First Successful Regeneration Of An Organ In A Mammal

A chemical trigger regrows the thymus of a living mouse

Oh, to be a mouse. You’d have been cured of every conceivable cancer and now, you’d have something of a fountain of youth, too, at least for your thymus. A team of researchers has gotten immune-system organs called thymuses in mice to grow, The Economist reports. After the researchers’ treatment, the mice’s thymuses grew more than twice as large. The thymuses, which normally change in structure and become less efficient as animals age, also returned to a more youthful structure.

This is the first time anybody has been able to get a working organ in a mammal to rejuvenate itself, The Economist reports. It’s a step forward for this particular method organ regeneration. Of course, many labs have grown artificial organs in different ways. We’ve covered everything from a trachea, made from the patient’s own stem cells, to 3-D printed organs. Some of these, such as the trachea, have already been used in people.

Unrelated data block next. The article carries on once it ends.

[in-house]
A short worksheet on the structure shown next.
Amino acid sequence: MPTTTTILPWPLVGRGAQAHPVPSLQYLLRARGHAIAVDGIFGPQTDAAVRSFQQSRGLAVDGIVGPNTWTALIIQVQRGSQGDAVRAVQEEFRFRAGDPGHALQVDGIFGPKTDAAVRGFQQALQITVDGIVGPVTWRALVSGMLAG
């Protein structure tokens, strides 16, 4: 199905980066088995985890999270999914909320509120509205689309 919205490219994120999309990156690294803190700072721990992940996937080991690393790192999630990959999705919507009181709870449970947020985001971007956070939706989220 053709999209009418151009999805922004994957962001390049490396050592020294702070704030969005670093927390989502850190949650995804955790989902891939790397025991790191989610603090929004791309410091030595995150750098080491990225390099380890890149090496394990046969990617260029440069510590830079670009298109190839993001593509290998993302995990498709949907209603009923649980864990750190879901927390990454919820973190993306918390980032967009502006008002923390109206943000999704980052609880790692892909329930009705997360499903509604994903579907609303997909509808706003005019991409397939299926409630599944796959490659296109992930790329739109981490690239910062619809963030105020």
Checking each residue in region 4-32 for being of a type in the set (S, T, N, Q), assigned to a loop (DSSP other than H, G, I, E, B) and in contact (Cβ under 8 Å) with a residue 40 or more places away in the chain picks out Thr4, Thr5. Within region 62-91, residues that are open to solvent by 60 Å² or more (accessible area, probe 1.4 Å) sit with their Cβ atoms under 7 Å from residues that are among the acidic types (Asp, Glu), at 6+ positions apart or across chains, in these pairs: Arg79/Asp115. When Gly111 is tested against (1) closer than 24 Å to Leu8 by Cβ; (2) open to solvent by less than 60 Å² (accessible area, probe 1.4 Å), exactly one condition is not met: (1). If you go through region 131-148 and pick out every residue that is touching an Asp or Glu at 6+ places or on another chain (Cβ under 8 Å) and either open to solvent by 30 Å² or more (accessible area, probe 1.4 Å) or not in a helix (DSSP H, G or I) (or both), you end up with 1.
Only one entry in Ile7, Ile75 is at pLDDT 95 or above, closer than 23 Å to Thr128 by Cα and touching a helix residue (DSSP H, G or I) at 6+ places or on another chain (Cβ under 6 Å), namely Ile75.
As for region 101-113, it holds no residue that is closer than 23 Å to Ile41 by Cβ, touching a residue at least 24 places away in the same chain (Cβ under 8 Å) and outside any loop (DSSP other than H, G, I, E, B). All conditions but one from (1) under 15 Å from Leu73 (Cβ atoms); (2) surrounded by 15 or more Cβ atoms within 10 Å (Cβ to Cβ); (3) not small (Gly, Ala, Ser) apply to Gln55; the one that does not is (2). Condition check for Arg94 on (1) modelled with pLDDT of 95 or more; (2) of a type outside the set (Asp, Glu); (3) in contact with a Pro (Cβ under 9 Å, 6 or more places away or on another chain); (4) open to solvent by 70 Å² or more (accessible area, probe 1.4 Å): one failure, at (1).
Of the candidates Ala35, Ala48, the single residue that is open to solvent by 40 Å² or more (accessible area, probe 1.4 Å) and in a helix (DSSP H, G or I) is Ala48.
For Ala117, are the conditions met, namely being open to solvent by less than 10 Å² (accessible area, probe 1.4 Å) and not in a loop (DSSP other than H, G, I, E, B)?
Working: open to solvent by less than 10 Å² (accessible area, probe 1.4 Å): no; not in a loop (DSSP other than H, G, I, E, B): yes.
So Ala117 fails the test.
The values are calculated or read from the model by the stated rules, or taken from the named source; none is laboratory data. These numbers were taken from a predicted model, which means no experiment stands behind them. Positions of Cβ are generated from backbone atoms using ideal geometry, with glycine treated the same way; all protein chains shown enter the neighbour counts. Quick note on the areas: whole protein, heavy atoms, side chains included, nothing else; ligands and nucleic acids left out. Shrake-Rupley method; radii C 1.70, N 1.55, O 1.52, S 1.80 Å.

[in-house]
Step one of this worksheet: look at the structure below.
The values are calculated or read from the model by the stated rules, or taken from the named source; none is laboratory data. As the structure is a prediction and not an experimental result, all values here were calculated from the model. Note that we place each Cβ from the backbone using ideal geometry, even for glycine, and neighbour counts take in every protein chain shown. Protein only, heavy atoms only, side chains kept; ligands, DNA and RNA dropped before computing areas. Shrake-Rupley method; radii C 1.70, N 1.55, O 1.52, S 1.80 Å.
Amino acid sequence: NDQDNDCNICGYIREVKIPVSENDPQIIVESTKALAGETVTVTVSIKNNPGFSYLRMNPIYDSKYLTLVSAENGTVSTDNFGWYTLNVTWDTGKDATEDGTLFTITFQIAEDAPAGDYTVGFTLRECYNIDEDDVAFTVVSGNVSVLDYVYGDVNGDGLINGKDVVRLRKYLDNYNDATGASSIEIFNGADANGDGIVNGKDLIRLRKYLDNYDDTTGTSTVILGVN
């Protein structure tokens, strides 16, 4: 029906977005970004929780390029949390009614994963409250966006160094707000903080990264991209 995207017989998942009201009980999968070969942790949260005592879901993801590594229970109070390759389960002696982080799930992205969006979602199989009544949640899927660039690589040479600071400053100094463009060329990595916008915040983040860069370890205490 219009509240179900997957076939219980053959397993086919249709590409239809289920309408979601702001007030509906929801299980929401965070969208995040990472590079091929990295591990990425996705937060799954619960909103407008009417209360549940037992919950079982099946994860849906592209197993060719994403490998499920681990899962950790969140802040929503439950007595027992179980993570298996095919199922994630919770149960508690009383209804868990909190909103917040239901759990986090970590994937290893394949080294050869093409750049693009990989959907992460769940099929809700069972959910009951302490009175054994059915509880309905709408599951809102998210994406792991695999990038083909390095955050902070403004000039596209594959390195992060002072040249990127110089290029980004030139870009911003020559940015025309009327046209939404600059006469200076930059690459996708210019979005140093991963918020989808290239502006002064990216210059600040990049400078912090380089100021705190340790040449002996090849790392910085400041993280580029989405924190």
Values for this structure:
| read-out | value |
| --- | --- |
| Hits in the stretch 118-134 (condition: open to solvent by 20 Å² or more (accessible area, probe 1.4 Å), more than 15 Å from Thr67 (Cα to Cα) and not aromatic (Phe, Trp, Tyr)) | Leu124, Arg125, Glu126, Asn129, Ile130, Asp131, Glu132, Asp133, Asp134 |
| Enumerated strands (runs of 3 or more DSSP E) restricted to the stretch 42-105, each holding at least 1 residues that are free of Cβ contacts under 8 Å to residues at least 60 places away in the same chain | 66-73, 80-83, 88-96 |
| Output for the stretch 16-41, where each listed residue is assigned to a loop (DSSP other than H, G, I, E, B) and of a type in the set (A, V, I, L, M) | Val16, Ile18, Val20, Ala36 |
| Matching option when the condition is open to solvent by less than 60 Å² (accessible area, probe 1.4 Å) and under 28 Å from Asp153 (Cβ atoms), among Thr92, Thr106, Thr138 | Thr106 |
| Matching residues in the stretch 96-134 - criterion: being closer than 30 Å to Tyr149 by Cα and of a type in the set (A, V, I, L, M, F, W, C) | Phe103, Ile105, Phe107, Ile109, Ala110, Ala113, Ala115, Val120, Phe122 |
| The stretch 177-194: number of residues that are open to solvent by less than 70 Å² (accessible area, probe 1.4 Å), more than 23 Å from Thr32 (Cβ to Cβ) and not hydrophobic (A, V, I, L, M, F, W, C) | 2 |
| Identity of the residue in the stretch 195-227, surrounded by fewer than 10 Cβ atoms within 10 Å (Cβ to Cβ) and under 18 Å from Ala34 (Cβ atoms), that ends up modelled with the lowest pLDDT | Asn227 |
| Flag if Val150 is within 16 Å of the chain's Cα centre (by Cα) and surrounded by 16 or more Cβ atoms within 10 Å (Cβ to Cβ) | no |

In contrast, the thymus-growing method didn’t require any cells. Instead, it relied on a chemical trigger to make the thymuses grow. However, because the trigger only worked in mice that had been genetically engineered to be receptive to the trigger, the study is only a demonstration that getting organs to grow is possible. It will still take many years to figure out how exactly to trigger similar growth in humans.

A team of three regenerative medicine researchers at the University of Edinburgh published the mouse-thymus work this month in the scientific journal Development.

The Economist